We’ve previously mentioned the “Page 99 Test,” with which one can “Open the book to page ninety-nine and read, and the quality of the whole will be revealed to you,” according to Ford Madox Ford. Marshal Zeringue edits a blog that follows this theme, asking authors to test their books and analyze the content based… Continue Reading ‘Confederate Minds’ and the Page 99 Test

The starting lineup for The Journal of the Civil War Era

Back in April we mentioned a call for papers for the inaugural edition of The Journal of the Civil War Era, a peer-review journal published in collaboration with UNC Press and the George and Ann Richards Civil War Era Center at Pennsylvania State University. There’s been great response, and the issues are starting to take… Continue Reading The starting lineup for The Journal of the Civil War Era

Sutherland Wins Inaugural Tom Watson Brown Book Award

We know, we know. Winning isn’t everything, but we have to admit, it sure does feel good!  Author Daniel Sutherland was awarded the first ever Tom Watson Brown Book Award, a $50,000 prize, by the Society of Civil War Historians, for his book A Savage Conflict: The Decisive Role of Guerrillas in the American Civil War. The… Continue Reading Sutherland Wins Inaugural Tom Watson Brown Book Award

Interview: Victoria E. Bynum

Each month on the UNC Press homepage, we feature a handful of interviews with authors. I’d like to bring them over and share them with you blog readers because they’re so often just fun and interesting. I want to start by introducing Victoria E. Bynum, author of three books with us, including, most recently, The… Continue Reading Interview: Victoria E. Bynum

Lincoln’s Legacy

Though the American Civil War was a multi-year event, spanning four years of death and destruction, it seems to be most tied to the month of April. The cruel month was host to the first battle of the war, at Fort Sumter, as well as the Confederate surrender at Appomattox in 1865. However, the most… Continue Reading Lincoln’s Legacy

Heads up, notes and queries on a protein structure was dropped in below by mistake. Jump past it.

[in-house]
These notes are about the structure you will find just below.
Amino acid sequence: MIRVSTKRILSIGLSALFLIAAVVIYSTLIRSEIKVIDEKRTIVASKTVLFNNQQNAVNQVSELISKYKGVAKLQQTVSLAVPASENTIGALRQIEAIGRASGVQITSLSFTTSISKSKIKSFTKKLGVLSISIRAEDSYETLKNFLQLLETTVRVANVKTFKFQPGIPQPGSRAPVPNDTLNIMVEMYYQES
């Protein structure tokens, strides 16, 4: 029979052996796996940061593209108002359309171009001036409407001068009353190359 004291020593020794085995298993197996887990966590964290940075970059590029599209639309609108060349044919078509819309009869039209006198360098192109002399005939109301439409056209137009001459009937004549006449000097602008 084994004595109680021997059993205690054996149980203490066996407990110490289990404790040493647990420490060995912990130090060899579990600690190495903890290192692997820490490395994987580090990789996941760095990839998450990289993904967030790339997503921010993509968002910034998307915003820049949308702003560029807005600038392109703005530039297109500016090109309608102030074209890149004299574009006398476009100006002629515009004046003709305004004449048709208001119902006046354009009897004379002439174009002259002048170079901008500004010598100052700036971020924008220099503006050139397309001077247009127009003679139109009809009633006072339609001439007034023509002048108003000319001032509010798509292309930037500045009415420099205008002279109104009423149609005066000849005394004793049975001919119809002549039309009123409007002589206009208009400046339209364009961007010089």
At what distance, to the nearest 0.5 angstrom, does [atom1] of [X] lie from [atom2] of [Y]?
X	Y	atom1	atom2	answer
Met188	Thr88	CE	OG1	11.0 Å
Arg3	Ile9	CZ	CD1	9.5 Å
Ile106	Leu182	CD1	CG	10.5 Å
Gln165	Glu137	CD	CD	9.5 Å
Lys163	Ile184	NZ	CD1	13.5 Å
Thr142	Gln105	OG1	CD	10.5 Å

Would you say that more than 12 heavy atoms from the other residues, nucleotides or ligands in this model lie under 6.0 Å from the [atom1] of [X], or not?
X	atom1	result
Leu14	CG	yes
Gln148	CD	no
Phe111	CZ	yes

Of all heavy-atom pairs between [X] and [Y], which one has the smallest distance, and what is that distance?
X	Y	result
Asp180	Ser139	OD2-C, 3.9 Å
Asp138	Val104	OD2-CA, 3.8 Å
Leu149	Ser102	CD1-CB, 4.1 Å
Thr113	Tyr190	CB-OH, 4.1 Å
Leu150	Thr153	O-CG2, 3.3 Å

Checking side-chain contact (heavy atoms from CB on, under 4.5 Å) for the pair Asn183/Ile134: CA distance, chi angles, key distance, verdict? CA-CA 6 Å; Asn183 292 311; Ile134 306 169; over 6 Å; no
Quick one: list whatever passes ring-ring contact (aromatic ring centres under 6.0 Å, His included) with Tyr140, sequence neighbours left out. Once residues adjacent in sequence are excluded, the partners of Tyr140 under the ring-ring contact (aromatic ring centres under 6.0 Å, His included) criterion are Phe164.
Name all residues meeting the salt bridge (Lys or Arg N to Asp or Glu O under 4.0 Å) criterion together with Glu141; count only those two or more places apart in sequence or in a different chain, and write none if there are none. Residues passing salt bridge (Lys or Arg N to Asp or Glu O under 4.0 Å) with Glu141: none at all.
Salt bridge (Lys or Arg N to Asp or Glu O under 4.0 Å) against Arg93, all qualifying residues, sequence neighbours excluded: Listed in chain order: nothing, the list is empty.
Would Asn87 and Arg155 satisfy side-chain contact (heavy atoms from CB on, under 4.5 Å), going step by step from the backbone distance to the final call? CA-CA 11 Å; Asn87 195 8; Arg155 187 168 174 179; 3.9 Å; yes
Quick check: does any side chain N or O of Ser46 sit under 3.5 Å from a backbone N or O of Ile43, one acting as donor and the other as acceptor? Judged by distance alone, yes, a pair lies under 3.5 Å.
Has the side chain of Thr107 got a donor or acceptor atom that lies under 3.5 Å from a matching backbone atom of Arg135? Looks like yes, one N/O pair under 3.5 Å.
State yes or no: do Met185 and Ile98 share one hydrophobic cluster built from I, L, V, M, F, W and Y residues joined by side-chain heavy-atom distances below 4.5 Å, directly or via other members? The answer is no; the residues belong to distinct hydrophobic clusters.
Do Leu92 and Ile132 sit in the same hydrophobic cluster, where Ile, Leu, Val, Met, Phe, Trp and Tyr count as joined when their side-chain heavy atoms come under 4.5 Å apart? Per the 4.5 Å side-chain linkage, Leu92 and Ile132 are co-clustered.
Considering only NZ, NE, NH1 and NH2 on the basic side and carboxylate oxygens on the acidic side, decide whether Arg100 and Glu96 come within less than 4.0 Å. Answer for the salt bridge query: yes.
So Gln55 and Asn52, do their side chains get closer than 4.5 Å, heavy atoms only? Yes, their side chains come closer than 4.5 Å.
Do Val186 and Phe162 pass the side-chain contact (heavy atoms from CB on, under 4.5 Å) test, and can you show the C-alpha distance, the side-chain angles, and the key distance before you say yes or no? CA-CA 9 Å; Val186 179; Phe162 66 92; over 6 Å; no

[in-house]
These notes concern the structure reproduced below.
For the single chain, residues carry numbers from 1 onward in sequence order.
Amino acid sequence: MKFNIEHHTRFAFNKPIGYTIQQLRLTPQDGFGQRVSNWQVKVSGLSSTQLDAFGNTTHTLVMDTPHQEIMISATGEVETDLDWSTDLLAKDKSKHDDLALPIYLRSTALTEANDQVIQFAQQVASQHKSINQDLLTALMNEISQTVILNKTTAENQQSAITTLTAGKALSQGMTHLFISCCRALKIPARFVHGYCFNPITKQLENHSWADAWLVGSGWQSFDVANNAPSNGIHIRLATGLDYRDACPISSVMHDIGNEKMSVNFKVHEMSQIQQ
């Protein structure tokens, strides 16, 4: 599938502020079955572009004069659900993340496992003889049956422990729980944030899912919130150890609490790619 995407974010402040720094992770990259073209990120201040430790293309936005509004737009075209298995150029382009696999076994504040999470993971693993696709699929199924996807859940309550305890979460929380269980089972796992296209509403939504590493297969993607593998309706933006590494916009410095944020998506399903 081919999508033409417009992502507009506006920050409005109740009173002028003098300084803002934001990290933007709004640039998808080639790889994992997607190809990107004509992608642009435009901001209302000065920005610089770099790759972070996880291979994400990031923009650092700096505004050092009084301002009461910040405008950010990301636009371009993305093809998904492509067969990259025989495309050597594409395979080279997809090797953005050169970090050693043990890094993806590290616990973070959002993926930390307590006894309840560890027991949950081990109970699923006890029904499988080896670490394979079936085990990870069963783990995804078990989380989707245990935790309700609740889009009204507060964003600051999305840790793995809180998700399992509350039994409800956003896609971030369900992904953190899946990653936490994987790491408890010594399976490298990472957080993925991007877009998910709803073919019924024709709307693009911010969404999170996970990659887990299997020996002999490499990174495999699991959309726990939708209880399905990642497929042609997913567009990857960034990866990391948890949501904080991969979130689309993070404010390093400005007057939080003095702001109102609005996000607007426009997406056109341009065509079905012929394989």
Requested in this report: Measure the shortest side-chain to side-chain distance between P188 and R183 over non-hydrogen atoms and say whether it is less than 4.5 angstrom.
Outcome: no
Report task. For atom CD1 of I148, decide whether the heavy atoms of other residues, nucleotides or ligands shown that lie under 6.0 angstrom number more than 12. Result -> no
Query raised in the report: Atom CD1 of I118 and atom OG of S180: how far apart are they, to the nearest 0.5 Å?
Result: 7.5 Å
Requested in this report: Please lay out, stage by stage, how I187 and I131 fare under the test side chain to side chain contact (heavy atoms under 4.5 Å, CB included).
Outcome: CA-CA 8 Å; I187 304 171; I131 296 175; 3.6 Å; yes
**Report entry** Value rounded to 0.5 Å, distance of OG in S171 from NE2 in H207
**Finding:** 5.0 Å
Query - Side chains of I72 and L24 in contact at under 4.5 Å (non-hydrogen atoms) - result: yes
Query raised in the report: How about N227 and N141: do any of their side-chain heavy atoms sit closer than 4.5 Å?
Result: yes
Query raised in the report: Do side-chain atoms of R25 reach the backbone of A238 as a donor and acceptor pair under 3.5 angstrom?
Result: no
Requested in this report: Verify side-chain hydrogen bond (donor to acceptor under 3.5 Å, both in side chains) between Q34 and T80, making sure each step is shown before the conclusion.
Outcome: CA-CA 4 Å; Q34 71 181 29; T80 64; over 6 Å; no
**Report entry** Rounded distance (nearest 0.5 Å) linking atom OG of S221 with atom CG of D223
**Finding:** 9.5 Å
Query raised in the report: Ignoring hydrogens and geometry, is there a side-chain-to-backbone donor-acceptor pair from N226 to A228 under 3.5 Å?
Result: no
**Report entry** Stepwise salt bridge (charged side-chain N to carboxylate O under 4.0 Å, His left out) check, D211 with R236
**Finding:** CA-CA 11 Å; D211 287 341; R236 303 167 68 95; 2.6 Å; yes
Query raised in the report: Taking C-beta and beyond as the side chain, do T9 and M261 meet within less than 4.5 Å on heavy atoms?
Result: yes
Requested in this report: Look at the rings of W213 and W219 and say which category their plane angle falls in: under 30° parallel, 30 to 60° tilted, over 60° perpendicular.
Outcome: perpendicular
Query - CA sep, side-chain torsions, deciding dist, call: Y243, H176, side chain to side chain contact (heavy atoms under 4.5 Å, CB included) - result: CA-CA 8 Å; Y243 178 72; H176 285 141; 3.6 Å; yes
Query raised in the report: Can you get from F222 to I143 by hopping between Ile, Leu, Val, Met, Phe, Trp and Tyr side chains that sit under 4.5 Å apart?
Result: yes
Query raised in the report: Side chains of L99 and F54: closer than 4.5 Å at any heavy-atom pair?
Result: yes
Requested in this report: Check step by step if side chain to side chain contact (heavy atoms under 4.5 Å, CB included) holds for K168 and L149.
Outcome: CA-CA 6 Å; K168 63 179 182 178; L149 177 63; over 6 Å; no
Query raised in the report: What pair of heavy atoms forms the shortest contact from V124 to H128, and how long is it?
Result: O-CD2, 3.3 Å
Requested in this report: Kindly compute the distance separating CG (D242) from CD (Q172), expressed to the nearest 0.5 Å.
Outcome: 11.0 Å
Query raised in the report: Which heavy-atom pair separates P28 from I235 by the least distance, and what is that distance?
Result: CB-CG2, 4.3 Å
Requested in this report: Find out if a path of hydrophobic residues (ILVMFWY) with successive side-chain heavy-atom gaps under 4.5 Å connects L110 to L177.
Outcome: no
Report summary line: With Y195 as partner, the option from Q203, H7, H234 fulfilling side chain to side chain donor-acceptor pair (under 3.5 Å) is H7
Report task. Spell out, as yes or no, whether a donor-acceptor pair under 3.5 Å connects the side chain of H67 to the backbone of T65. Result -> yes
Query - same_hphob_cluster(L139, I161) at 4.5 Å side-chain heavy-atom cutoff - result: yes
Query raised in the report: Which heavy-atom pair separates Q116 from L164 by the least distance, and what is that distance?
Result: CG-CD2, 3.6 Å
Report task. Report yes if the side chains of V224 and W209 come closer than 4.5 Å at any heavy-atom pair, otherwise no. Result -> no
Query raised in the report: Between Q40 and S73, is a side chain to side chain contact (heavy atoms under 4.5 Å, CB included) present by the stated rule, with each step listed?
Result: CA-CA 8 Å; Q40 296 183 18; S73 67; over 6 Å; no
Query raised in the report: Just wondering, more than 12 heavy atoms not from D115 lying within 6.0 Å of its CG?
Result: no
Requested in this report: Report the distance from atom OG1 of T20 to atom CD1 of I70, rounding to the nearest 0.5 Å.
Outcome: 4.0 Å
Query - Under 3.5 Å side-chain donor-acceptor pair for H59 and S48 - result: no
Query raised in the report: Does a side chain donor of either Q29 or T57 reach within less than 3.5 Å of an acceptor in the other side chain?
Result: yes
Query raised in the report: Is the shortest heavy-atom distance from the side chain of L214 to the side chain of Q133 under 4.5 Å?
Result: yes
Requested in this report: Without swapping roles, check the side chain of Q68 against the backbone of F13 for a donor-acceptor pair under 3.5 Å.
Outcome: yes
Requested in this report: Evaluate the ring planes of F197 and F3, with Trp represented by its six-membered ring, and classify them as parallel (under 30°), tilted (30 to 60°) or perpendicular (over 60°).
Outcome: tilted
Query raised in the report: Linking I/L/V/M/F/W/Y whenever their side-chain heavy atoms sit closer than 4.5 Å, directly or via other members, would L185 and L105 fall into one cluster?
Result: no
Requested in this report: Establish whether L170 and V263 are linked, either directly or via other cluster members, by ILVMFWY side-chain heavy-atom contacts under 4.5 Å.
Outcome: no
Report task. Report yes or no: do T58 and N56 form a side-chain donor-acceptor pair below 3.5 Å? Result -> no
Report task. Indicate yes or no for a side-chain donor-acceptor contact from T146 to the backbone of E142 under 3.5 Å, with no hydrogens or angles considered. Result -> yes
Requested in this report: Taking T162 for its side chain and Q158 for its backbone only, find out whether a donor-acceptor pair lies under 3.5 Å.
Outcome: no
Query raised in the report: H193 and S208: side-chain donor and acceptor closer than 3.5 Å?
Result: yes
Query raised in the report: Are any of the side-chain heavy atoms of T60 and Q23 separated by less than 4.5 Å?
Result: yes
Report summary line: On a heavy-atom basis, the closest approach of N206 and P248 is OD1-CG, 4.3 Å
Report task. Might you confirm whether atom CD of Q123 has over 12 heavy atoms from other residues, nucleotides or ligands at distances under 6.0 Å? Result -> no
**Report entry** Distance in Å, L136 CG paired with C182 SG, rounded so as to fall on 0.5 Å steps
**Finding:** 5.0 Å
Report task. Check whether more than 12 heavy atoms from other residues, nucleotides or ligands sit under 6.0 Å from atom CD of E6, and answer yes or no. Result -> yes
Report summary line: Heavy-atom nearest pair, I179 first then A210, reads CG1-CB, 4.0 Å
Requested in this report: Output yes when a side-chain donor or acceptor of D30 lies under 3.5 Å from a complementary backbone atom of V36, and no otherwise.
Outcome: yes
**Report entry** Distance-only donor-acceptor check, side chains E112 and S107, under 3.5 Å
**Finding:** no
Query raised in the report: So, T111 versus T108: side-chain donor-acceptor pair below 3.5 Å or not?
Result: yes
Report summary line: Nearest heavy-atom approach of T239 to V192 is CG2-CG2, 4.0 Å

National Women’s History Month: Women at War

If you are familiar with the UNC Press Blog, you probably know that we know a thing or two about celebrating. If it has a national celebration day, week, or month, we probably have it marked on our calendars well in advance. Why else would we have a 1000-word post on the merits of National… Continue Reading National Women’s History Month: Women at War

Two Inaugural Addresses–two weeks apart

Early 1861 marked the only time in our nation’s history that it had two presidents, both calling for a return to the republic born in the American Revolution. On February 18, Jefferson Davis was sworn in as the President of the Confederate States of America; on March 4, Abraham Lincoln was sworn in as President… Continue Reading Two Inaugural Addresses–two weeks apart

Gettysburg Remembered

For many, today means the last day at the office before a long weekend goes into effect for Independence Day. However, Civil War buffs and historians recognize July 2nd as day two of another important event in American history – the Battle of Gettysburg in 1863. In the three hours of fighting on this evening… Continue Reading Gettysburg Remembered

Today in history: Florida, Alabama, Louisiana, Georgia, North Carolina, and South Carolina were readmitted to the Union

Reunited and it feels so good; okay, so maybe 1868 wasn’t as smooth as a pop song.  There were a few kinks to work out.  How would secessionist states regain self-governing status?  How would newly freedmen be integrated into southern society?  What would become of the leaders of the Confederacy?  Reconstruction proved to be one… Continue Reading Today in history: Florida, Alabama, Louisiana, Georgia, North Carolina, and South Carolina were readmitted to the Union

Anne Rubin Follows the Traces of Sherman’s March

I set out on a bright June day, heading south to retrace the path of William Tecumseh Sherman’s 1865 march through the Carolinas.  I’m currently working on a project about the way Americans have remembered Sherman’s March, and I had already driven across Georgia the spring before.  Now it was time to work my way… Continue Reading Anne Rubin Follows the Traces of Sherman’s March

Places to go, people to see

The sun is just starting to break through the morning cloud cover on this warm spring day. Last day of sunshine before we roll into a week of rain here in the Triangle, say the weather forecasters, so let’s make the most of it! In the next few days, there will be several opportunities to… Continue Reading Places to go, people to see